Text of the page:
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The Orion

Chico State's independent student newspaper

The Orion

Chico State's independent student newspaper

The Orion

Increased number of students campaign for A.S. offices

Darion Johnston, the outgoing Associated Students director of legislative affairs, said that the ideal situation would be if at least two people were running for each elected position in the student government. Photo courtesy of Chico State.

With the Associated Students general election just around the corner, candidates are getting ready to vie for office with more competition than in years past.

This year, 25 students have officially declared candidacy and are approved to run. Students may also campaign as a write-in as well, which would mean that their name would not be on the ballot and would have to be written in correctly.

Seventeen positions within the student government are up for grabs, compared with the 10 positions A.S. has offered before the introduction of senators for each college last year.

Students can see that current officers are advocating, especially on social media, said Nan Timmons, who works for A.S. Government.

“I think our current slate of officers has done a good job of being very visible and well exposed,” Timmons said. “Our A.S. President Taylor Herren, who is a huge student advocate is everywhere. Students see her all the time at events. She is speaking and talking with students. We also have our new leadership center, the Wildcat Leadership Center, and I think that’s been a big difference,”

The Wildcat Leadership Center is a new physical space for people to go to. Timmons said that because it’s a hub of different things, like student government, the Wildcat Leadership Institute, Freshman Leadership Opportunity, Fraternity and Sorority Affairs, and Student Life and Leadership. Having all of those in one spot has provided officers with a lot more people traffic to engage with.

“I think just that visibility, the location, and how available our current set of officers have made themselves available to students at large has made more students aware of what’s going on,” Timmons said.

Last year, there were only 20 candidates running for office.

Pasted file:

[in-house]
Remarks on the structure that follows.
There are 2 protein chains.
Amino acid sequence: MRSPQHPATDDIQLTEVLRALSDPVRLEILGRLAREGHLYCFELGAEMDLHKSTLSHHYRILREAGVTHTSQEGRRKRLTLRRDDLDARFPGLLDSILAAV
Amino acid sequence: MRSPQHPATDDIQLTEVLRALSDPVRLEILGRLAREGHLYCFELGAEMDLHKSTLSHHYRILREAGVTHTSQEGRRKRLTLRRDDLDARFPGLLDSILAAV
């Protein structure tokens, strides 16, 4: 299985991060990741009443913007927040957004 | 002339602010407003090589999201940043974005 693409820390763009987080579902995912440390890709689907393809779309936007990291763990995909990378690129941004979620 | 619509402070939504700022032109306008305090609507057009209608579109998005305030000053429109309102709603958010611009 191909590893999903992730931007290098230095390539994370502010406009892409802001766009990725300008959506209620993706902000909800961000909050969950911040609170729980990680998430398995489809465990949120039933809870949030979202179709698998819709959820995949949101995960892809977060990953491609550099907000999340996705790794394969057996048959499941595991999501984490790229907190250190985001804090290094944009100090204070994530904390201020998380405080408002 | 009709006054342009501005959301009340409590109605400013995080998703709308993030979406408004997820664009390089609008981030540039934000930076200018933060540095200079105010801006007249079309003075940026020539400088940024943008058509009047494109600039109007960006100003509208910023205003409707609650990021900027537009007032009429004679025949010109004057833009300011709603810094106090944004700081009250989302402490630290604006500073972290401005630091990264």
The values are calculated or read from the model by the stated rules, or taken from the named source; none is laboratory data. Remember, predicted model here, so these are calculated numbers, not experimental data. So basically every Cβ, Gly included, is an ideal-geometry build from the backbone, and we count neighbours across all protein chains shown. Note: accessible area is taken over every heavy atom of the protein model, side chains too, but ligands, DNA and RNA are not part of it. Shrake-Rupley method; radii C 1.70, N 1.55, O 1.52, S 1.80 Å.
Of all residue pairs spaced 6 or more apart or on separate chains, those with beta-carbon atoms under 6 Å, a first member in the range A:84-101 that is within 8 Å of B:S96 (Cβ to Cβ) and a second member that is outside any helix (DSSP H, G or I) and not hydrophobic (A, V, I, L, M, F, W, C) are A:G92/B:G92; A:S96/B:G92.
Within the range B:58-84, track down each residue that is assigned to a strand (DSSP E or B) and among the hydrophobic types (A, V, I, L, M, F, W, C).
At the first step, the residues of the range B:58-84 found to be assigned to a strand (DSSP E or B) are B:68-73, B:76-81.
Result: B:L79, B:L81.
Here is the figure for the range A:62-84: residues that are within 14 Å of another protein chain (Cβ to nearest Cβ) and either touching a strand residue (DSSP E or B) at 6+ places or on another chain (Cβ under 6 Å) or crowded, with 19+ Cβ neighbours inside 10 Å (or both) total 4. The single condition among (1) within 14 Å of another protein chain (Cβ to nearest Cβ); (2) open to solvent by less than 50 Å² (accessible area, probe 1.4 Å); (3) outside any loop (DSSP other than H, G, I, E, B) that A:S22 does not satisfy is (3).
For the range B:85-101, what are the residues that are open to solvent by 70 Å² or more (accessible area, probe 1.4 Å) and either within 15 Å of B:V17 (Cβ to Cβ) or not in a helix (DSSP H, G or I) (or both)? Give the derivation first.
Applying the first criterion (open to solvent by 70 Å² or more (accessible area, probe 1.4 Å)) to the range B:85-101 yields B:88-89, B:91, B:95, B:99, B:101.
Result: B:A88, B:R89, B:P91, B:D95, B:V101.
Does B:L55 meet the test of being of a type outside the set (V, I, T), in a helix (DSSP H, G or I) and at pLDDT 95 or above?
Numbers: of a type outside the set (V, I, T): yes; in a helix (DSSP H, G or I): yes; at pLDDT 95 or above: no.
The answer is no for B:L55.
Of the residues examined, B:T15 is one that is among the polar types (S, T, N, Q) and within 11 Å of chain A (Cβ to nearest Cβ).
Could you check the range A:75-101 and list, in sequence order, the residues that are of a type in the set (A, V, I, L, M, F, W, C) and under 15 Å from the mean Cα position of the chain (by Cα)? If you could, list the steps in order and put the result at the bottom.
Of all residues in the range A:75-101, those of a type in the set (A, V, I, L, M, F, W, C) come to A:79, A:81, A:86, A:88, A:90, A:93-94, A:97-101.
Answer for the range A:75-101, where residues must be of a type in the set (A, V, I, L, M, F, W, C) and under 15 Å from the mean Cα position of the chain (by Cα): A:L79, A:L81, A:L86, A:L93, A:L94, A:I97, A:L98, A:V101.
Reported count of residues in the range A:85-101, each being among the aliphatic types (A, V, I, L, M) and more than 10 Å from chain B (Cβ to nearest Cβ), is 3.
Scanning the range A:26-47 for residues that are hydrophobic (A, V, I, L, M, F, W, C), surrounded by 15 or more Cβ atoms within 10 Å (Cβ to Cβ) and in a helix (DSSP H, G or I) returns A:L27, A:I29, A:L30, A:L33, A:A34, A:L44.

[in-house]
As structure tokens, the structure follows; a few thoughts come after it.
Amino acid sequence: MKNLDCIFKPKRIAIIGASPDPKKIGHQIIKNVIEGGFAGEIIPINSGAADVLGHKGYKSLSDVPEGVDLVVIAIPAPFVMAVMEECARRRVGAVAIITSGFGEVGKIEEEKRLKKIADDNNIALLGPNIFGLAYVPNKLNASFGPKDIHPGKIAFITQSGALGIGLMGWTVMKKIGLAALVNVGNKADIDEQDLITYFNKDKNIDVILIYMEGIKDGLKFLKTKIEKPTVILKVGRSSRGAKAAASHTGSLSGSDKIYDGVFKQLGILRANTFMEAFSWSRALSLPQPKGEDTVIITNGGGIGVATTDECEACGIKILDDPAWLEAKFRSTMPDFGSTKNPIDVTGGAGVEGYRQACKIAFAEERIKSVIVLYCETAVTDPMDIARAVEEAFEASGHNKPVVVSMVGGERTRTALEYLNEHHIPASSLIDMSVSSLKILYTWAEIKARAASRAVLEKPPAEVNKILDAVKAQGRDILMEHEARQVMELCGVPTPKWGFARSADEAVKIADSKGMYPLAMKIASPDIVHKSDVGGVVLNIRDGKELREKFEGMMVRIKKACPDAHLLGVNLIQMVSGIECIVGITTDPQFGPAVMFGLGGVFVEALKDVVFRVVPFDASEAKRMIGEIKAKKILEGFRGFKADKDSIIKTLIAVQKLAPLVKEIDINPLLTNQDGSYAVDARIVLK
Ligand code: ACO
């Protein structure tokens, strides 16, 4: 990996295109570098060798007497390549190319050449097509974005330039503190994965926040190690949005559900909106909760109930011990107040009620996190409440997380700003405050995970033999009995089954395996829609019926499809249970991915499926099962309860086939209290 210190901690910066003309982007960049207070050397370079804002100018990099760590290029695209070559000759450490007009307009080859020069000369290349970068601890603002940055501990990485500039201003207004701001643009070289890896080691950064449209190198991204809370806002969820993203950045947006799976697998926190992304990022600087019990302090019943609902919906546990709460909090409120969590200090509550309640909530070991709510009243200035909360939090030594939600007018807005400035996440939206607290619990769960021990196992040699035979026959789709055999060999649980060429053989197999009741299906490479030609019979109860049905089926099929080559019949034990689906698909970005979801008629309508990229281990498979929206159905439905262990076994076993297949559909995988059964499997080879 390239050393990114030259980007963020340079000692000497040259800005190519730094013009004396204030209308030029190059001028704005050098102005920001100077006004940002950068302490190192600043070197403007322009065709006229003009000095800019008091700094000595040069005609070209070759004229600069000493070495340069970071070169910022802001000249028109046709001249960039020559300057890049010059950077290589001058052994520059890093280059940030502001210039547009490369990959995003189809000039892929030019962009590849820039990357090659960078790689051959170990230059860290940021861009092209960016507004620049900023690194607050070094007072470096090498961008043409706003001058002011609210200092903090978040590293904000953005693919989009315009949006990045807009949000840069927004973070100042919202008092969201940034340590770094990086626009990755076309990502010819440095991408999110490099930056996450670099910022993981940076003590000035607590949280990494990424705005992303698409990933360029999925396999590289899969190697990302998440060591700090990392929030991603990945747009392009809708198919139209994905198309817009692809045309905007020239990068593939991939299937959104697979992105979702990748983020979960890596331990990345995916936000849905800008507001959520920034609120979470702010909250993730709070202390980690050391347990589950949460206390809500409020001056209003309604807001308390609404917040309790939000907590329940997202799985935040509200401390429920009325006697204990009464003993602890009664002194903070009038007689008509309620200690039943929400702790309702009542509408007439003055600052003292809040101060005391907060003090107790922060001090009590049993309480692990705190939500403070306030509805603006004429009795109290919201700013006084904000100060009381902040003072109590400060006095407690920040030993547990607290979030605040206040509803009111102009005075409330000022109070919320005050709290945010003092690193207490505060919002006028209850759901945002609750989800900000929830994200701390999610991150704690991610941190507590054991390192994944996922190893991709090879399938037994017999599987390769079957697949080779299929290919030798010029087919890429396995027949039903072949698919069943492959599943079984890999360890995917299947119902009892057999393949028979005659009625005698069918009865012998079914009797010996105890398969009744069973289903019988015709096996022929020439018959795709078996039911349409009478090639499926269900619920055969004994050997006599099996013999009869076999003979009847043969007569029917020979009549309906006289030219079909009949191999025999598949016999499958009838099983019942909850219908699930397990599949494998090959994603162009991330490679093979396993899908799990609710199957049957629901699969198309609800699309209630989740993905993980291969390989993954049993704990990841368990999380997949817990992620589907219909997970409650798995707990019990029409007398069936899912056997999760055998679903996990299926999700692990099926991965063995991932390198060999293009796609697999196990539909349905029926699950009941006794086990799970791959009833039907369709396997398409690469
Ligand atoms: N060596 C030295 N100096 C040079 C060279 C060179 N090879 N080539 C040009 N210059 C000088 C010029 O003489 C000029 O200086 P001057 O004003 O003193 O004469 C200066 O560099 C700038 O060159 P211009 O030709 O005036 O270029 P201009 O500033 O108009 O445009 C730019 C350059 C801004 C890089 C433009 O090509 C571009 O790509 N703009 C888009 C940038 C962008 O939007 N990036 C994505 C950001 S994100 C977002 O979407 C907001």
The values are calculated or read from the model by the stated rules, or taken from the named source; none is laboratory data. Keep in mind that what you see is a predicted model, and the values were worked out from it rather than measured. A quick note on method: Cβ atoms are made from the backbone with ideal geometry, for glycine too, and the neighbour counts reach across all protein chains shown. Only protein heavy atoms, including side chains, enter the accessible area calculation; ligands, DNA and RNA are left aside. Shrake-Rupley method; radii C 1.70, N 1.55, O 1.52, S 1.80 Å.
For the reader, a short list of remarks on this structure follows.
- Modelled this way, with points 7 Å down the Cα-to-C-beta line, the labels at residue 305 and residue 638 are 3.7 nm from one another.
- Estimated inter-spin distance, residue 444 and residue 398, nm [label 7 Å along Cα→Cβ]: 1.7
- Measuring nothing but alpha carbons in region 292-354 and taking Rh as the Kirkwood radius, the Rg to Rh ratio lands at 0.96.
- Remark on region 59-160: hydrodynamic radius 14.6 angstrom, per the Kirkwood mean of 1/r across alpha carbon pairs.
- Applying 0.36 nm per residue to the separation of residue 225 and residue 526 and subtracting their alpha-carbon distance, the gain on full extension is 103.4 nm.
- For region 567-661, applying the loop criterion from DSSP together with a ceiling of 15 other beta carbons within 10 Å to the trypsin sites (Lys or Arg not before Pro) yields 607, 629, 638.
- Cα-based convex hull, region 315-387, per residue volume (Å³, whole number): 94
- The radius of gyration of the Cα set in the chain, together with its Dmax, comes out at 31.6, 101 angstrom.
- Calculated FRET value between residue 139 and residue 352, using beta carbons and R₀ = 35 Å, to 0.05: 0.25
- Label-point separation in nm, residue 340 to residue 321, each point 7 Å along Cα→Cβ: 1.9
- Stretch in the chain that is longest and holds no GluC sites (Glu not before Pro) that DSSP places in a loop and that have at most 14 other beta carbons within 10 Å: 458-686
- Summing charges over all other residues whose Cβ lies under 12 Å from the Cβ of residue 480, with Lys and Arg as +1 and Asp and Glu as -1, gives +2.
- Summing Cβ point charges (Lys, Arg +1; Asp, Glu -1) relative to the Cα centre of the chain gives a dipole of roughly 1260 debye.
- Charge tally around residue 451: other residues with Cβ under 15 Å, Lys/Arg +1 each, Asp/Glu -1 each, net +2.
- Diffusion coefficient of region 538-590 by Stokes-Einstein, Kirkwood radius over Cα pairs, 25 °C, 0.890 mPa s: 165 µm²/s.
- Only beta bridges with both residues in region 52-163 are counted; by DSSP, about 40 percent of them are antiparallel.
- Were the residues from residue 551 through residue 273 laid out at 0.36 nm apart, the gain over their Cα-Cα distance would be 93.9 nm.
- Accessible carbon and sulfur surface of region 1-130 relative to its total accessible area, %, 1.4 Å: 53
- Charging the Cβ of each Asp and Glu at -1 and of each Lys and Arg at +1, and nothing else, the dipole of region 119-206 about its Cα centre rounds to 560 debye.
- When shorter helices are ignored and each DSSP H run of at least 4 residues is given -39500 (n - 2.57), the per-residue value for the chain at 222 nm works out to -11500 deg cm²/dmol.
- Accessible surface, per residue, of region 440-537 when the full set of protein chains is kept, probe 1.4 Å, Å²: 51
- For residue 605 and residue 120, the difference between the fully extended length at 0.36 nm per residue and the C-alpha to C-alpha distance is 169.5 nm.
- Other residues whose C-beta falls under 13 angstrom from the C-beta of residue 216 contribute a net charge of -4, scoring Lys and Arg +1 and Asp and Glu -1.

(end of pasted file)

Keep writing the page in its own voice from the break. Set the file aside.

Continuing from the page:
“There’s a lot of opportunity out there for students,” Timmons said. “We just need them to know about them.”

Current officers made a commitment to do better outreach this year about positions available for students, said Darion Johnston, A.S. director of legislative affairs. She has been encouraging students to run for office and get involved by offering them opportunities to learn about her position.

“A lot of our officers have given students opportunities to become engaged in A.S. so that they can be qualified candidates this year,” Johnston said.

Last year was the first time that the senator positions for each college were available for students. This is why many candidacy numbers were lower last year, Johnston said. Many students did not know what a senator was or what their duties would be, and this year senator positions are more well-known.

Senators are elected by the student body to represent one of Chico State’s seven colleges. If students have an issue with a major within that college or an academically focused issue, then they can go to the senator to help with that process.

One officer last year stepped down for personal issues, and the other two officers were forced to step down because they did not meet minimum requirements for major office-holding students that were set by the chancellor’s office.

New officers were appointed to these positions after candidates went through an application and interview process.

“We’ve had a lot of turnover and it’s been sad losing our officers,” Johnston said. “But it’s been good for other students who’ve had an opportunity to step into those roles.”

Four senator positions were also replaced, two in the fall semester and two in the spring semester. Those people may not have been aware of what the position entailed as well as some requirement issues, Johnston said.

Johnston expects the senator positions to be more stable this time around, she said, and emphasized that there is a big responsibility in these jobs.

“The reason you should be running, bottom line, is because you have a passion for serving students,” Johnson said. “It’s not about boosting your resume. The most successful officers are the officers who take the work that’s been started before them and continue off that foundation.”

Last year, many positions had no candidates at all while others were unopposed.

“I would’ve hoped that there was a competitive race between each elected officer position,” Johnston said, “meaning that there’s at least two candidates for each of them.”

Kassandra Bednarski, A.S. commissioner of community affairs, said it is important for candidates to beyond what their bylaws ask of them.

“I think being an officer is being able to fulfill the needs of your students and outreach to students to see what the problems are,” Bednarski said. “You need to be the go-to representative for the students.”

Kristina Martinez can be reached at [email protected] or @kristinacsuc on Twitter.

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